Creating an interconnected workplace for an interconnected world

by FM Media
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JASON HEREDIA, vice president of marketing for Steelcase Asia Pacific, encourages the implementation of interconnected workplaces.

With the advances in technology and emergence of developing economies, organisations and people are increasingly interconnected and interdependent in every aspect of life – social, economic and political. Looking beyond activity-based planning to the workplace of the future, we see the growth of globally integrated enterprises (GIEs). This concept involves nodes, which could be in the same city, country or anywhere around the world, that work together in a giant virtual network. With GIEs huge networks form a global communications and information grid that enables large-scale interactions in an instant.
We believe the next evolution of community-based planning will focus on how to get the nodes to work together, whether virtual or physical. As teams are increasingly distributed around the globe, and new technology un-tethers employees from the physical work environment, the workplace needs to evolve to support people and the flow of information, and to help businesses solve tough problems, build market share and stay competitive. In other words, businesses need an interconnected workplace for an interconnected world that will work harder and smarter than ever before.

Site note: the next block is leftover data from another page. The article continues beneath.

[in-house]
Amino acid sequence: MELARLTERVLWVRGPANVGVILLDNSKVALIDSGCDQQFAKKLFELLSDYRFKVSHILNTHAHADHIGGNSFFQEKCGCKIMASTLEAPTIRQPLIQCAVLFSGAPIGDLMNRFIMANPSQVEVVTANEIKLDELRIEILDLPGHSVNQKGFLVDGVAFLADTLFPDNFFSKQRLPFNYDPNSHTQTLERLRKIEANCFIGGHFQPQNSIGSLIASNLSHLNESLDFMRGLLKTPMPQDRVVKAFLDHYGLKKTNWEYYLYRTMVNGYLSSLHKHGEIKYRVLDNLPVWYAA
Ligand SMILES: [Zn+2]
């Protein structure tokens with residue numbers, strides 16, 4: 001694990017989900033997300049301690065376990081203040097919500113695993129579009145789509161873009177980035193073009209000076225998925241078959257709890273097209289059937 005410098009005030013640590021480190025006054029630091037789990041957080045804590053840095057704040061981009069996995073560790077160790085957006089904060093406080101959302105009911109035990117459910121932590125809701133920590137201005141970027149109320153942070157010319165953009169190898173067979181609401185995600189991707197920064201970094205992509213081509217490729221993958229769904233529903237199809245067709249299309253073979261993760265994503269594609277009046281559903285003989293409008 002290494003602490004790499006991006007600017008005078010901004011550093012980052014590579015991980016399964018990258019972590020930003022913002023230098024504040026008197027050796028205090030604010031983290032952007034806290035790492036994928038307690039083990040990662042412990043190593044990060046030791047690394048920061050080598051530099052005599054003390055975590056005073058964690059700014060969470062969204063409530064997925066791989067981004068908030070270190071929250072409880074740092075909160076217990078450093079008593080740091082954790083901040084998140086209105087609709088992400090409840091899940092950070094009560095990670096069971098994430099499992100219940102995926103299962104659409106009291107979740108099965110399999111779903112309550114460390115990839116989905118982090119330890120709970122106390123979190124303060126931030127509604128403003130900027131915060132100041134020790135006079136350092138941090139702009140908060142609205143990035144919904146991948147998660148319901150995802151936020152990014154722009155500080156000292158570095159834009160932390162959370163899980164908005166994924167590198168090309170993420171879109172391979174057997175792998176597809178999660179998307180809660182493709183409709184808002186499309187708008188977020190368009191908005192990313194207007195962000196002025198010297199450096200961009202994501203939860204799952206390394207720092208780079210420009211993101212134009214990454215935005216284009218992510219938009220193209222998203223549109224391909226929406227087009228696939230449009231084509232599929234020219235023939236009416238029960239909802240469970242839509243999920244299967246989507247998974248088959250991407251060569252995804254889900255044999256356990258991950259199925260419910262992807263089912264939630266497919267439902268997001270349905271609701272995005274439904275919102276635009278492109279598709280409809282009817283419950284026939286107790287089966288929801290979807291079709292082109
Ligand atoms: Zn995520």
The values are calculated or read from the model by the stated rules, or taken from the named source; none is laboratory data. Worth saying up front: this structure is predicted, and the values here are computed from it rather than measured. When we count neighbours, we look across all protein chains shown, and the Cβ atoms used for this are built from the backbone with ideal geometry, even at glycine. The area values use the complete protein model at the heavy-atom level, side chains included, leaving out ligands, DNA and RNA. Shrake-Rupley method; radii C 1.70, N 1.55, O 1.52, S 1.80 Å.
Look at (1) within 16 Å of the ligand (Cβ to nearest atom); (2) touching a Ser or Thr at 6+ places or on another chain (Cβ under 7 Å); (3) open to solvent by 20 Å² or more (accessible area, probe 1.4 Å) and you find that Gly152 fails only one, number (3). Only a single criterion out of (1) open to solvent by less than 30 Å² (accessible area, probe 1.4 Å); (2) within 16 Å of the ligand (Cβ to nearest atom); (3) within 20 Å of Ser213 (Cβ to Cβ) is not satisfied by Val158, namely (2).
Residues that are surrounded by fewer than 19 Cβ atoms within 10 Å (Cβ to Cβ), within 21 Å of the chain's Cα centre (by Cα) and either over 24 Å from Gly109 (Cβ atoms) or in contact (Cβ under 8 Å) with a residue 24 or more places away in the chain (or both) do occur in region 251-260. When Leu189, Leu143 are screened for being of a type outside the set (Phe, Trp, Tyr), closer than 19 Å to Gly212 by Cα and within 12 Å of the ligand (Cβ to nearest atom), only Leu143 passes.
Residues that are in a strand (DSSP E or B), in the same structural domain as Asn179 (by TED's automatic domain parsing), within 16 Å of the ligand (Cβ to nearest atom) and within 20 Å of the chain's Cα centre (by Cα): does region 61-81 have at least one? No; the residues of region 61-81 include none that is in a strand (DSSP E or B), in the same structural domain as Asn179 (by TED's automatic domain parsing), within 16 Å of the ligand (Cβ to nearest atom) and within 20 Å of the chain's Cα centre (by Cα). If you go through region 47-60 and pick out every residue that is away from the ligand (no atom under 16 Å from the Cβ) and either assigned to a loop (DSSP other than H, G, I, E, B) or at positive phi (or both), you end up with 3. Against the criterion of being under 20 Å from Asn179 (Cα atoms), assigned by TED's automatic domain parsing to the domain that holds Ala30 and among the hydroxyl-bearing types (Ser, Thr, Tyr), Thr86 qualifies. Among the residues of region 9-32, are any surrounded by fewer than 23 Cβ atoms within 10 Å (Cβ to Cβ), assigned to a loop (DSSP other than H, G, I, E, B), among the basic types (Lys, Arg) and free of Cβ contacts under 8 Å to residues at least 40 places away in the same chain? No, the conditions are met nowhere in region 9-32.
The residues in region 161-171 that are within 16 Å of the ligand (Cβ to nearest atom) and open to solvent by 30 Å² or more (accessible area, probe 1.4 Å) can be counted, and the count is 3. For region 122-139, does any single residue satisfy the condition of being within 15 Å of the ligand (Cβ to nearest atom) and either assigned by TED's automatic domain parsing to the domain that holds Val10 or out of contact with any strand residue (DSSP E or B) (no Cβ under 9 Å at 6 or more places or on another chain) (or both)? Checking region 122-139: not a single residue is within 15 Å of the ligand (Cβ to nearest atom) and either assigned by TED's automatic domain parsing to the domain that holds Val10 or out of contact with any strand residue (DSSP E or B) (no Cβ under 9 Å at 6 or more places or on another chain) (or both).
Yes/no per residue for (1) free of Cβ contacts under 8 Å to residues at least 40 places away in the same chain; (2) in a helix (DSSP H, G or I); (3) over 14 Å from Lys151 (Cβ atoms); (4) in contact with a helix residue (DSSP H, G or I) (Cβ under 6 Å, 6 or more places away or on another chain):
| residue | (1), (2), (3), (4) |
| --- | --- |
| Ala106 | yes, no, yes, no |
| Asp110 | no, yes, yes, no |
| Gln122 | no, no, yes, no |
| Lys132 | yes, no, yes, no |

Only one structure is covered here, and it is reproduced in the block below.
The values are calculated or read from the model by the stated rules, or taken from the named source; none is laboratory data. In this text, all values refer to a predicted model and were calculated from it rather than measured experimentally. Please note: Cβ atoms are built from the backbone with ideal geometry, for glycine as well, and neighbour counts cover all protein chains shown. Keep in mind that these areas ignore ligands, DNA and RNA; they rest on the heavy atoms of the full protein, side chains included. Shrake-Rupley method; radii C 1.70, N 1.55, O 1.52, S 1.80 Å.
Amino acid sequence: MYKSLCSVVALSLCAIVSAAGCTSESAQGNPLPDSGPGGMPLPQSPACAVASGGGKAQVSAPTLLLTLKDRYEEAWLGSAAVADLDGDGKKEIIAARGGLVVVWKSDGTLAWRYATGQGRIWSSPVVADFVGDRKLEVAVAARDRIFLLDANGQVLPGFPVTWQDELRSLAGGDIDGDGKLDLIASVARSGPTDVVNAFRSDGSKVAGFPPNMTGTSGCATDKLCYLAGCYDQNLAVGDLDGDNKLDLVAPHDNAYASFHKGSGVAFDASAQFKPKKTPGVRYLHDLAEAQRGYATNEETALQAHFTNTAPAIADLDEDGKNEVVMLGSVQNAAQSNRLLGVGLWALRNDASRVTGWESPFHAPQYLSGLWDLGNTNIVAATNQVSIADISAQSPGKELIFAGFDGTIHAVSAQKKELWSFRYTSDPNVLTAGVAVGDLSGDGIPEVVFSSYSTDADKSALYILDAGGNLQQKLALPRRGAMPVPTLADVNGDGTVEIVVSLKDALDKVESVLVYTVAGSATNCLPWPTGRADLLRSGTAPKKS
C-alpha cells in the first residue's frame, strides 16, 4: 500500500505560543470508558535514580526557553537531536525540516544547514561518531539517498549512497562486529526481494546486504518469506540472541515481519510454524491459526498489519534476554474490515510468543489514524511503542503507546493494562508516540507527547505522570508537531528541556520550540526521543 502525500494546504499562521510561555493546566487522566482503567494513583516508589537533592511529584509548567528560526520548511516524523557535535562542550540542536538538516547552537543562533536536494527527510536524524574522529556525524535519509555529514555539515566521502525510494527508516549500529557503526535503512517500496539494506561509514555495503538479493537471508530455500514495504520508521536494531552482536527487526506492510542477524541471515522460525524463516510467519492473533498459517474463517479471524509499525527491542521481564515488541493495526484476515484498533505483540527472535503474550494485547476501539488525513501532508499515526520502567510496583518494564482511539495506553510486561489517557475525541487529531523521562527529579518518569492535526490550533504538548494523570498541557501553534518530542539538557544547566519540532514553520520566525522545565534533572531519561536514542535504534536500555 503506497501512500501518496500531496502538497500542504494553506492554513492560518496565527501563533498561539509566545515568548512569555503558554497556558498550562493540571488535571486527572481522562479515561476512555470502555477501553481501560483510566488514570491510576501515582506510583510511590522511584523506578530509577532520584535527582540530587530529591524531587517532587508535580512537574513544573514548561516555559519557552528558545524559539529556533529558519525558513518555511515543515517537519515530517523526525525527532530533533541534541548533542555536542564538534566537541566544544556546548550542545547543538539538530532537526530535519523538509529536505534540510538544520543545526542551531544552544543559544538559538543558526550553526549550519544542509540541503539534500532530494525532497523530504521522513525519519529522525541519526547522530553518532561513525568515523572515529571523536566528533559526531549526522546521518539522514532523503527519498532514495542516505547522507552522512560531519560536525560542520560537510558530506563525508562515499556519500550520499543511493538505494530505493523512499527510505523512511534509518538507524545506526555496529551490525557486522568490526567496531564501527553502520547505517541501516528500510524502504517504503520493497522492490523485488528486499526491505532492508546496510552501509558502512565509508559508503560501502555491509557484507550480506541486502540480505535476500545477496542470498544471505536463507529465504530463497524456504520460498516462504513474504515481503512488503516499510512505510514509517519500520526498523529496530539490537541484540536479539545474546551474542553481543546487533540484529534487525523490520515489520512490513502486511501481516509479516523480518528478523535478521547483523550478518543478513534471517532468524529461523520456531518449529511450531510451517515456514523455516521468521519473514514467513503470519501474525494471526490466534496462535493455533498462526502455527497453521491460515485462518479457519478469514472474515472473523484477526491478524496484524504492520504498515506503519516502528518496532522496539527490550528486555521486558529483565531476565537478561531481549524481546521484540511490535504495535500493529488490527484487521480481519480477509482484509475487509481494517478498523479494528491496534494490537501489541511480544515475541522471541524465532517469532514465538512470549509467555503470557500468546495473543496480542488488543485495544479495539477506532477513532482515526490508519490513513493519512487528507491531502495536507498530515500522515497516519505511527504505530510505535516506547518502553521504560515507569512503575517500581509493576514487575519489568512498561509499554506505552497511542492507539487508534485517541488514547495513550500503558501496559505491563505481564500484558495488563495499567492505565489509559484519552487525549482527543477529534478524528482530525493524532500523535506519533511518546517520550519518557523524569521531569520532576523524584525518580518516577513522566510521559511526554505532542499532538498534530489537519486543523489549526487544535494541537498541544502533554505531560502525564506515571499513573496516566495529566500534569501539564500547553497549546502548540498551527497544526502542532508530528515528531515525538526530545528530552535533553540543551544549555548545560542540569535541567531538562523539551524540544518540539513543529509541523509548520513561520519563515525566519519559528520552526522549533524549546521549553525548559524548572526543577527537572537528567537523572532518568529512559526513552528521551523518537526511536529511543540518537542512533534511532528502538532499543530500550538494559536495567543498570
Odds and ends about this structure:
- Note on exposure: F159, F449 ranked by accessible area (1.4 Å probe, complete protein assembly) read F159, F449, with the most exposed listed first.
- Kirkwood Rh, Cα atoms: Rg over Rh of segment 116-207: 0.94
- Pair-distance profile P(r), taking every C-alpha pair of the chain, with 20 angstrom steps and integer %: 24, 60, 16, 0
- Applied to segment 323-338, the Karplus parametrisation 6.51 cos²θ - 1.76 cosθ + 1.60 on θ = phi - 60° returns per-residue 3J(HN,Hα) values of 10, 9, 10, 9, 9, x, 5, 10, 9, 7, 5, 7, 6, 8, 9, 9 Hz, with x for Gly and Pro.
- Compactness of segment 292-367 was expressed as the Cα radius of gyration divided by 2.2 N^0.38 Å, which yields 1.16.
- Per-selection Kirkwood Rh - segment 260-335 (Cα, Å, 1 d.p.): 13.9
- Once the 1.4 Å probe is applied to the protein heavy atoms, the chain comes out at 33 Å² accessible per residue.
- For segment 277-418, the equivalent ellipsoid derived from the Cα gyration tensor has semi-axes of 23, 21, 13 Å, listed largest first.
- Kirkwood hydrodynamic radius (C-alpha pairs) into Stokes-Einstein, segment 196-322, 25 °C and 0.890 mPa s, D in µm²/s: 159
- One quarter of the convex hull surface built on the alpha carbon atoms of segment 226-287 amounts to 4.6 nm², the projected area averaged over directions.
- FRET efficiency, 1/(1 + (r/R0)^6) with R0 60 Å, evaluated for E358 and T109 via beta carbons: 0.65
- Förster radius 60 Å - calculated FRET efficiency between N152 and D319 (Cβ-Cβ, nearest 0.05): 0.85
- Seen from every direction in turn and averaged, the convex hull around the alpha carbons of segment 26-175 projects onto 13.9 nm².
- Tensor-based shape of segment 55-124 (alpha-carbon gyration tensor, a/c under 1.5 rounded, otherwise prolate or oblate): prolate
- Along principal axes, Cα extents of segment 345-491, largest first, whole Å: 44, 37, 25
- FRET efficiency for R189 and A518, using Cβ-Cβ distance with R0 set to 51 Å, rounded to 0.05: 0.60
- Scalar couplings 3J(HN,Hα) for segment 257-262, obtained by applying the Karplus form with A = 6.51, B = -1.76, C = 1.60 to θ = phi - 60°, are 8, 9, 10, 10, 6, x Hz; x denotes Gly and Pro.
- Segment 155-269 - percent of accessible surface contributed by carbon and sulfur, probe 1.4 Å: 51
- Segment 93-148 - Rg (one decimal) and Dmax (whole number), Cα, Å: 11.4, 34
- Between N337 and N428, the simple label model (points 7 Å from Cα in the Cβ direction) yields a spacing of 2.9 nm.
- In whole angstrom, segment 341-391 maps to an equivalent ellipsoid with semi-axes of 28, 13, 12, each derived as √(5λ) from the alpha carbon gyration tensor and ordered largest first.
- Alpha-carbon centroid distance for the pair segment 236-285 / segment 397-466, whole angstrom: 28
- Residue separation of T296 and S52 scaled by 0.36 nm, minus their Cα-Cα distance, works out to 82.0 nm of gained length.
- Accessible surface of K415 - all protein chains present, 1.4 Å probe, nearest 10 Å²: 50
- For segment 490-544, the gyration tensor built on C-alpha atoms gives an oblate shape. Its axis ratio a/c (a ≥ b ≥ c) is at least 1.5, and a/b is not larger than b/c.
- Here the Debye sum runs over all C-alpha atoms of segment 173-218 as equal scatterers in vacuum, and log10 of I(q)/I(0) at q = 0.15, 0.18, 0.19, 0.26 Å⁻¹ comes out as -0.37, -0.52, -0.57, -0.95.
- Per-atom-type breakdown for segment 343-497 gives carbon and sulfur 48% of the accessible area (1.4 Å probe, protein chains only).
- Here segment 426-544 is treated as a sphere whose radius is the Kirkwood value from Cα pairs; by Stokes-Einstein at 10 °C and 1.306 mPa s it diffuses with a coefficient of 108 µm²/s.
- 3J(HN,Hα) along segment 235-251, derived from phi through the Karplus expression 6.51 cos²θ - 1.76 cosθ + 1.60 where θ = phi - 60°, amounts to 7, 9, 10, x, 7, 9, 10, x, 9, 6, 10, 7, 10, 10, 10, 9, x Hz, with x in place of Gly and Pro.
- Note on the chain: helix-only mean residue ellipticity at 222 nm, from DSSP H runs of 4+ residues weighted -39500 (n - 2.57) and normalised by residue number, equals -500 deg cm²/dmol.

The demands on interconnected workplaces in this increasingly mobile world of workers is focused on providing three core needs that working at home, in a hotel or in the park do not provide:

  • collaboration
  • social and cultural connection, and
  • resources.

Looking at each of these, our research reveals there are three distinct types of collaboration:

  • informative: working with other people to share information
  • evaluative: reviewing information and making decisions, and
  • generative: co-creating new ideas and solutions.

Social and cultural connection comes from the human desire to be part of something bigger than just ourselves, while resources refers to access to new technologies that individuals can’t afford on their own. Today, it is the giant tele-presence unit. Tomorrow, it will be another new technology.
To enhance collaboration, there are three key considerations that need to come together:

  • people: designing space to promote eye-to-eye contact
  • place: creating enough room so people feel comfortable to get up, move and participate, and
  • information: providing everyone with equal access to information, so participants can contribute digital or analogue content.

Creating spaces to support collaboration focuses on allowing the easy sharing of information and the ability for a few or many to quickly and easily join in the conversation, whether they are in the same workplace, different cities or even different countries.
Workplaces designed for an interconnected world offer the right blend of spaces and solutions to support the ways in which people work. They have to include the right amount of space for individual ‘I’ work, as well as group ‘we’ work. And there needs to be a combination of spaces that are shared or owned. The interconnected workplace offers flexibility and can accommodate change; however, there is no ‘cookie cutter’ solution – each organisation is different and each one needs a different blend of spaces.
The interconnected workplace supports the agility and collaboration required by today’s highly connected, mobile knowledge workers, who are doing business in a global and mobile business environment. It provides:

  • a palette of place – a diverse range of settings organised into interrelated zones
  • a palette of posture – a variety of options for people to sit, stand or move throughout their day, and
  • choice and control over how and where to work.

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